What are your earliest memories related to art?
When I was in the first grade, I knew I wanted to be an artist. When I was a junior in high school I received a scholarship to KU (University of Kansas). So, I majored in art in college.
How and when did you start becoming an artist yourself?
What was the evolution like toward finding your current voice and visual vocabulary?
Exciting! That’s the feeling of discovery and wonderment I felt and continue to feel as I explore more techniques. Trial and error is true, as well. Finding the subjects that I love to paint developed, in part, from my early childhood, growing up on a farm in New Mexico. My realism is pretty emotional sometimes in that I use a lot of color. I like to paint anything as long as I’m doing it with shading. Yet, of all my subjects, dancers are my favorite.
I like the movement in dancing, so I concentrate on trying to paint movement. I’ve always loved to dance, since I was a little girl.
My favorite painting is a 2008 acrylic of a cowboy and cowgirl dancing. The painting, “First Embrace,” won best in show in a Carlsbad, New Mexico, art show and also at the Noel-Wagner Museum spring show in Odessa.
In this painting, the young woman is wearing a big colorful skirt. That’s how I got into painting — painting the Spanish dancers, the Mexican dancers. I loved the colorful skirts the cowgirls wore so I started painting the Mexican girls because their dresses show so much movement. I became known for my ability to capture movement with color and shading.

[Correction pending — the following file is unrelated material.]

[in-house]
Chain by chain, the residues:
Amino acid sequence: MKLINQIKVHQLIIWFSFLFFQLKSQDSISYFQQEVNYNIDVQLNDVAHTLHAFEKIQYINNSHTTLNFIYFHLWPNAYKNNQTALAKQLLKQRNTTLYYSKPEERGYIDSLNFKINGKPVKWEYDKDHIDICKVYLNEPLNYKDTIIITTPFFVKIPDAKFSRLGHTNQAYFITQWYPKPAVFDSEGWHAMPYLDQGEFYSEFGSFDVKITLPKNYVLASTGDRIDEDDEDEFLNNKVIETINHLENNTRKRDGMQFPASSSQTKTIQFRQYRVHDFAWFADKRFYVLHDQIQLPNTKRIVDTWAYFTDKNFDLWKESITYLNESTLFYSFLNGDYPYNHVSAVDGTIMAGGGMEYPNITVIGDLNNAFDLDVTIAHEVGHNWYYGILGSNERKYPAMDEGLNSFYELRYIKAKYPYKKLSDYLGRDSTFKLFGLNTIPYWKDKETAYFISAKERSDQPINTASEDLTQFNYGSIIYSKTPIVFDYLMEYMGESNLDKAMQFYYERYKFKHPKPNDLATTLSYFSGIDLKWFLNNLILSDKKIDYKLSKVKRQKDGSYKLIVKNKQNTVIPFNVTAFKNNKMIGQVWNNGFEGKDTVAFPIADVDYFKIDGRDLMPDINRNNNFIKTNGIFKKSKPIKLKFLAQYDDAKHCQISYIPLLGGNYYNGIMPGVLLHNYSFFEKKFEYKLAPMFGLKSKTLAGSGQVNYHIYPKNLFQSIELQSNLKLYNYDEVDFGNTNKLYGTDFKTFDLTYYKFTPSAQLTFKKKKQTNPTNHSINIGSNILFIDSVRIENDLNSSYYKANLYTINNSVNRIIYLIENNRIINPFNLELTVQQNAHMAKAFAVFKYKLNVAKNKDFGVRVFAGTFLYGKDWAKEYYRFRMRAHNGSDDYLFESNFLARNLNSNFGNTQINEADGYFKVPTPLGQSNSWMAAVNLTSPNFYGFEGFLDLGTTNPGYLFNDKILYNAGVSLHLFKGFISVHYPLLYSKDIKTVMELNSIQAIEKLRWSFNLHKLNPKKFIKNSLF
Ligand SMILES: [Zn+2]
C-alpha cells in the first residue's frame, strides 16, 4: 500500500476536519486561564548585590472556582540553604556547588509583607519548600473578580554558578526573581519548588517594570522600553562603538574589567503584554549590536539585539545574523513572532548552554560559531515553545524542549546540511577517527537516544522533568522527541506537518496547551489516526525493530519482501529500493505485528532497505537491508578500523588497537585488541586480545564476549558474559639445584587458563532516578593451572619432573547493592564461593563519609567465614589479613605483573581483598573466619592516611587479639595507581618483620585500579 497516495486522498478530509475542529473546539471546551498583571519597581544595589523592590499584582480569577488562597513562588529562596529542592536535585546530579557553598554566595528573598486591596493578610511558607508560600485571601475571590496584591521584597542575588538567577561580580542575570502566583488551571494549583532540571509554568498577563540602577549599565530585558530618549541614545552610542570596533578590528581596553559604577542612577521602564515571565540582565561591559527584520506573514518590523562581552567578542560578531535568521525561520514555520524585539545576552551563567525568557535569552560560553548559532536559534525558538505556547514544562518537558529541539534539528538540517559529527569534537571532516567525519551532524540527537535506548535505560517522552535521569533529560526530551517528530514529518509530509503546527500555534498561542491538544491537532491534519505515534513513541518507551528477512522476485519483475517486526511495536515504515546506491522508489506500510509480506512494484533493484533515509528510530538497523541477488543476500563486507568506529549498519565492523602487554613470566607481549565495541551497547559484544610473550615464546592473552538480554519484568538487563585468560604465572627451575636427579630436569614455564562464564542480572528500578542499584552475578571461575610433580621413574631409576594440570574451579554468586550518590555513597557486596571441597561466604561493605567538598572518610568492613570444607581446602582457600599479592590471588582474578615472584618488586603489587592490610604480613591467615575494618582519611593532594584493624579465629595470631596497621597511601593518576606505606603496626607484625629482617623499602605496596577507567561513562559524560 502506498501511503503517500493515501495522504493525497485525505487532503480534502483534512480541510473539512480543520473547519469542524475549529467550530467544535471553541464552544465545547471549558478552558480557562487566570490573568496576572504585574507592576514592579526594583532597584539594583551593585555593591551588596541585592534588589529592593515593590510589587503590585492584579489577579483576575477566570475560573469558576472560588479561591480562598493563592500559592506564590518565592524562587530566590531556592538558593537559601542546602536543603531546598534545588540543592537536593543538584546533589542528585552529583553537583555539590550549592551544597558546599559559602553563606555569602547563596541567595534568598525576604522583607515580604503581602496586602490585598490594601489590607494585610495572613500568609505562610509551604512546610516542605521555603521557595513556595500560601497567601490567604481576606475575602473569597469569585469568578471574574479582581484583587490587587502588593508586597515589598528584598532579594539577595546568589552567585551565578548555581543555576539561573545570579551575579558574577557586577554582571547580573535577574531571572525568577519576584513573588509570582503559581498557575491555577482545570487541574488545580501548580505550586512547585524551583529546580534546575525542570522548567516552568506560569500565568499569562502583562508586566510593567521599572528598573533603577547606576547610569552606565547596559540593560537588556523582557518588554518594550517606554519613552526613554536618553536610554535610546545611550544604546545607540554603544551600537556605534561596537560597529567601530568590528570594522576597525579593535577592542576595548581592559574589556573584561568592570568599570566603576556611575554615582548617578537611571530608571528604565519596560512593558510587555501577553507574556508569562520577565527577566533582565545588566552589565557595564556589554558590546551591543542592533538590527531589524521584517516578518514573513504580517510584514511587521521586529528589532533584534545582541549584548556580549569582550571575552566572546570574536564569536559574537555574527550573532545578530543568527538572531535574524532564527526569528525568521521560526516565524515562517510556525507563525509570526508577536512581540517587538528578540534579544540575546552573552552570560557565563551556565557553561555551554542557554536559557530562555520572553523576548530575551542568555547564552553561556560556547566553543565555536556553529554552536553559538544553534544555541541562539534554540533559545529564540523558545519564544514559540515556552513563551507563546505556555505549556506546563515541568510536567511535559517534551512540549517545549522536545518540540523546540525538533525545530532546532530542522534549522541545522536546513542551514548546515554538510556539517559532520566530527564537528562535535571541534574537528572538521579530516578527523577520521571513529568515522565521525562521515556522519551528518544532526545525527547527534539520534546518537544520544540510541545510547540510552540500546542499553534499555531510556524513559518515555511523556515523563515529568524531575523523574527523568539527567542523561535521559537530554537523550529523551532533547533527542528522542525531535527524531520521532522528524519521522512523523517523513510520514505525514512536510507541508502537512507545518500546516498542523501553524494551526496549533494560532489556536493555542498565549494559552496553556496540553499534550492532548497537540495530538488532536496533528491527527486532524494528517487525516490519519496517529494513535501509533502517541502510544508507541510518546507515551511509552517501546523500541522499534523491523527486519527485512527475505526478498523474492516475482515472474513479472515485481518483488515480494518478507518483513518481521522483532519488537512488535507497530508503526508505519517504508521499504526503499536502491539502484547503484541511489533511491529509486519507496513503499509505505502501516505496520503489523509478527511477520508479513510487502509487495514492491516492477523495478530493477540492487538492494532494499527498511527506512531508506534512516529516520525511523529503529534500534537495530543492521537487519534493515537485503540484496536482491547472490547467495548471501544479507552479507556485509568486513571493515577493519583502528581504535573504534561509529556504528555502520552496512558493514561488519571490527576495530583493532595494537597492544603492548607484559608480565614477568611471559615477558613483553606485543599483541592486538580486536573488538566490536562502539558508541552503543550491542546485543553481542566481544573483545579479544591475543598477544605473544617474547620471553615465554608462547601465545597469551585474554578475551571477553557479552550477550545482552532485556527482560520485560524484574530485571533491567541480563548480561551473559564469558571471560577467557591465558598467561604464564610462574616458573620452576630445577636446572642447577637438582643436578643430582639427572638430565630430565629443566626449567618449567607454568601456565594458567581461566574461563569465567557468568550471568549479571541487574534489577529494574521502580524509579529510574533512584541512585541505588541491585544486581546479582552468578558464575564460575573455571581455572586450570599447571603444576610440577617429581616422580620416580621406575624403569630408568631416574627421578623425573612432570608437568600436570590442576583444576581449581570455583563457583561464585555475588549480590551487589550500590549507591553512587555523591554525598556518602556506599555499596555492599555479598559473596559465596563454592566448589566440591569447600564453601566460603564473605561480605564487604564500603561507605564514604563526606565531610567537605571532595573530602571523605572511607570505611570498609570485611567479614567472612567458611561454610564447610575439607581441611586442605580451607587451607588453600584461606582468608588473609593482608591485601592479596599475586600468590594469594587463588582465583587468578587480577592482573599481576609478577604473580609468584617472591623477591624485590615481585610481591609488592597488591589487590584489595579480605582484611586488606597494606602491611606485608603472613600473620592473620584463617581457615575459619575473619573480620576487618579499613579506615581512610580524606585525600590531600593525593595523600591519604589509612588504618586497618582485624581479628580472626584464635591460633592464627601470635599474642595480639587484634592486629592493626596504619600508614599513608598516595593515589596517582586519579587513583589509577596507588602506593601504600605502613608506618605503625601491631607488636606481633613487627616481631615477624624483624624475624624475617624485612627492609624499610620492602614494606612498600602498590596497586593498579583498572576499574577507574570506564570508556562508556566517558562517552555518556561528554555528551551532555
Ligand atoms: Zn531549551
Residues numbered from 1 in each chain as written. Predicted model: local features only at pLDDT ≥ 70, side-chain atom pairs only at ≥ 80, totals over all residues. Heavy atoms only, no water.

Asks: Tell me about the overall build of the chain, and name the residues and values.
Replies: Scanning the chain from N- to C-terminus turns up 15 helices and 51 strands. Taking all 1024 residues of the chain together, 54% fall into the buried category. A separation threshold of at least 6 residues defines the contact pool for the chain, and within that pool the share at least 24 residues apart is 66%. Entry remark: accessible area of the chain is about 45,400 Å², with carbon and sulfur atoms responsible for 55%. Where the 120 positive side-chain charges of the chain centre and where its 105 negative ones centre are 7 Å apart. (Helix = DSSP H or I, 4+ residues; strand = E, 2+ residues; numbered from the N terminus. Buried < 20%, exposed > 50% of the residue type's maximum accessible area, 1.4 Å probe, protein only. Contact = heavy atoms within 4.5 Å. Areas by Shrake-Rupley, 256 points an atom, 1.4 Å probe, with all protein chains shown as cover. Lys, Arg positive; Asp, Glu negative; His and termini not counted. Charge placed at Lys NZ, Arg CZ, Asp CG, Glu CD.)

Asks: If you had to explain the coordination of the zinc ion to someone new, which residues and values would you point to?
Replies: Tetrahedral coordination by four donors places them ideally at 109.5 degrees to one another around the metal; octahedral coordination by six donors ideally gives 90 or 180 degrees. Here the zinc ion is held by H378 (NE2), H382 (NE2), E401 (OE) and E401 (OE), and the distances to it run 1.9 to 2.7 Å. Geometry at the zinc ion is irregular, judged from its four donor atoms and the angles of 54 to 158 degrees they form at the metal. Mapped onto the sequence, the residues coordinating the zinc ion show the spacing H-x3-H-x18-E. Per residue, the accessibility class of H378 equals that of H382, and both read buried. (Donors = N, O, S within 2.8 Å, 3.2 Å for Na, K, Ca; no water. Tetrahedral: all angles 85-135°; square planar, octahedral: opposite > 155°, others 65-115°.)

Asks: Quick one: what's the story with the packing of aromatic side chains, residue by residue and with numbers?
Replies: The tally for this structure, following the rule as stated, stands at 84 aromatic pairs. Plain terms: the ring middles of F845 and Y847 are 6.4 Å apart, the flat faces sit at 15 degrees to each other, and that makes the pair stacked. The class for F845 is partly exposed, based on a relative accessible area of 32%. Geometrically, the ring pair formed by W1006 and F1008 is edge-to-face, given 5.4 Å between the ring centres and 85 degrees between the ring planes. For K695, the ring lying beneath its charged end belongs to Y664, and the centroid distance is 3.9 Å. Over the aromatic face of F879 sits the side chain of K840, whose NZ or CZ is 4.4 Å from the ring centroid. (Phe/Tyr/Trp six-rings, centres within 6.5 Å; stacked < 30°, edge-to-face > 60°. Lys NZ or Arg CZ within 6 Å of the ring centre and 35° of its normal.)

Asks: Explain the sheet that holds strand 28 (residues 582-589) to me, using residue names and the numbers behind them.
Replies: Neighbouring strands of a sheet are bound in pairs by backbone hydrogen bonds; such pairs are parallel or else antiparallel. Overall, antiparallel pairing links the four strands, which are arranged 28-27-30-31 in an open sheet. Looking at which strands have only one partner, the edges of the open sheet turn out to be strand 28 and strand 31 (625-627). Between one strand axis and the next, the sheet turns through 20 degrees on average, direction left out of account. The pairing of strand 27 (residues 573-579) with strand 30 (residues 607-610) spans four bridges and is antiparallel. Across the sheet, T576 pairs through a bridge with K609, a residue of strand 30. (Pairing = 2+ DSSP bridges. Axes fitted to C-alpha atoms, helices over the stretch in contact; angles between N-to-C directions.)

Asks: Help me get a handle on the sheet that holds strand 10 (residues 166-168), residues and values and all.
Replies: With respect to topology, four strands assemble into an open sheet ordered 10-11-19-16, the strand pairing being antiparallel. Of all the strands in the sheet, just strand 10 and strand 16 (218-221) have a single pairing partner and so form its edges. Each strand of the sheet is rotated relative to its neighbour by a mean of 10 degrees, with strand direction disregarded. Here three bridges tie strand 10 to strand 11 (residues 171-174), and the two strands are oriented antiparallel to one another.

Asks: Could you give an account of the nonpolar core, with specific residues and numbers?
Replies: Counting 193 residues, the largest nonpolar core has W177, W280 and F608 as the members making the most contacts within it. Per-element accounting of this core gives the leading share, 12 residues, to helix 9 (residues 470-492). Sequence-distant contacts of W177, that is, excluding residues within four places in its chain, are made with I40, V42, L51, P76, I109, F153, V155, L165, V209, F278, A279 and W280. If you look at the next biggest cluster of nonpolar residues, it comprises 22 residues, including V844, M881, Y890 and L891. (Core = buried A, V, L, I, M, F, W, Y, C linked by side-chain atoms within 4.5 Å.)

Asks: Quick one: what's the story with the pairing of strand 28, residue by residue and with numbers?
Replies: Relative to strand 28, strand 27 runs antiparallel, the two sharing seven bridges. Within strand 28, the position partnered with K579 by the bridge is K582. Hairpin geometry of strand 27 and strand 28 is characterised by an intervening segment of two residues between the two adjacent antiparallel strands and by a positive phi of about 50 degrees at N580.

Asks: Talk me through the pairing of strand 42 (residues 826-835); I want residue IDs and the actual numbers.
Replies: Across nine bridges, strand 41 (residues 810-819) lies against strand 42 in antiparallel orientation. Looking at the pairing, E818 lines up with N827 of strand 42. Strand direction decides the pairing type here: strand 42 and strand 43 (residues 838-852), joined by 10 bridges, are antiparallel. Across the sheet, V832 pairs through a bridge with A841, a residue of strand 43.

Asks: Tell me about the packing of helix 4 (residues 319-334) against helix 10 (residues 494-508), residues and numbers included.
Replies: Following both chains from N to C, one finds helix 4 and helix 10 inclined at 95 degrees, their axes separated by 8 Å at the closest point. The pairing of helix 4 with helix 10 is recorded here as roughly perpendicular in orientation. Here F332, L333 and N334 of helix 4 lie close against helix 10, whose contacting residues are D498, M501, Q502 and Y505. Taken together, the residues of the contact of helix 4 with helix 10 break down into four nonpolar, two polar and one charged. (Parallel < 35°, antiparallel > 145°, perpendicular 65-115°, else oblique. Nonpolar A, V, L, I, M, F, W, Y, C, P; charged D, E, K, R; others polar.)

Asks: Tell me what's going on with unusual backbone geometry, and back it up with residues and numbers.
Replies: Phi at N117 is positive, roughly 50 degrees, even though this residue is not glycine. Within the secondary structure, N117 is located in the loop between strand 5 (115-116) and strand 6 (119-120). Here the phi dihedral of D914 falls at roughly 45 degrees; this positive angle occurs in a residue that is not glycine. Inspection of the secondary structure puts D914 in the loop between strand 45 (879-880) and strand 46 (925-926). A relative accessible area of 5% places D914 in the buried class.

What is your process like?
Complex! How do I explain an idea that becomes a vision, and then a vision that becomes a painting? Of course, I have influences: My love of the Southwest and American West. The various cultures and the history of this region, their traditions, beliefs and lifestyle…all of these components of life in the region gather in my spirit and find a voice through my paintings. I try to honor the people, their lives and traditions in how I portray them. Once I have a ‘vision’ of what I want to capture on canvas, I study the subject, the history and the background, much in the way a novelist does research before writing a book. Then I sketch, then I paint.
Is there anything from your artist statement that you wish to expound on, that you normally don’t have the chance to discuss?
To be continued…
What do you try to control in your surfaces, and what do you leave to chance?
I don’t leave anything to chance…I am too passionate about my subject(s) to do that. I can’t say I have perfection in every painting, but I make every effort to control texture, depth, color, details, proportion, and lighting… all of these need to be in harmony with each other in order for the painting to be finished, (though maybe not perfect).
Where do you see your work going from here?
I would love for my paintings to be as recognized here in my new home of Texas as they were in New Mexico. Texas is an inspiration to me, I am discovering numerous subjects I want to paint!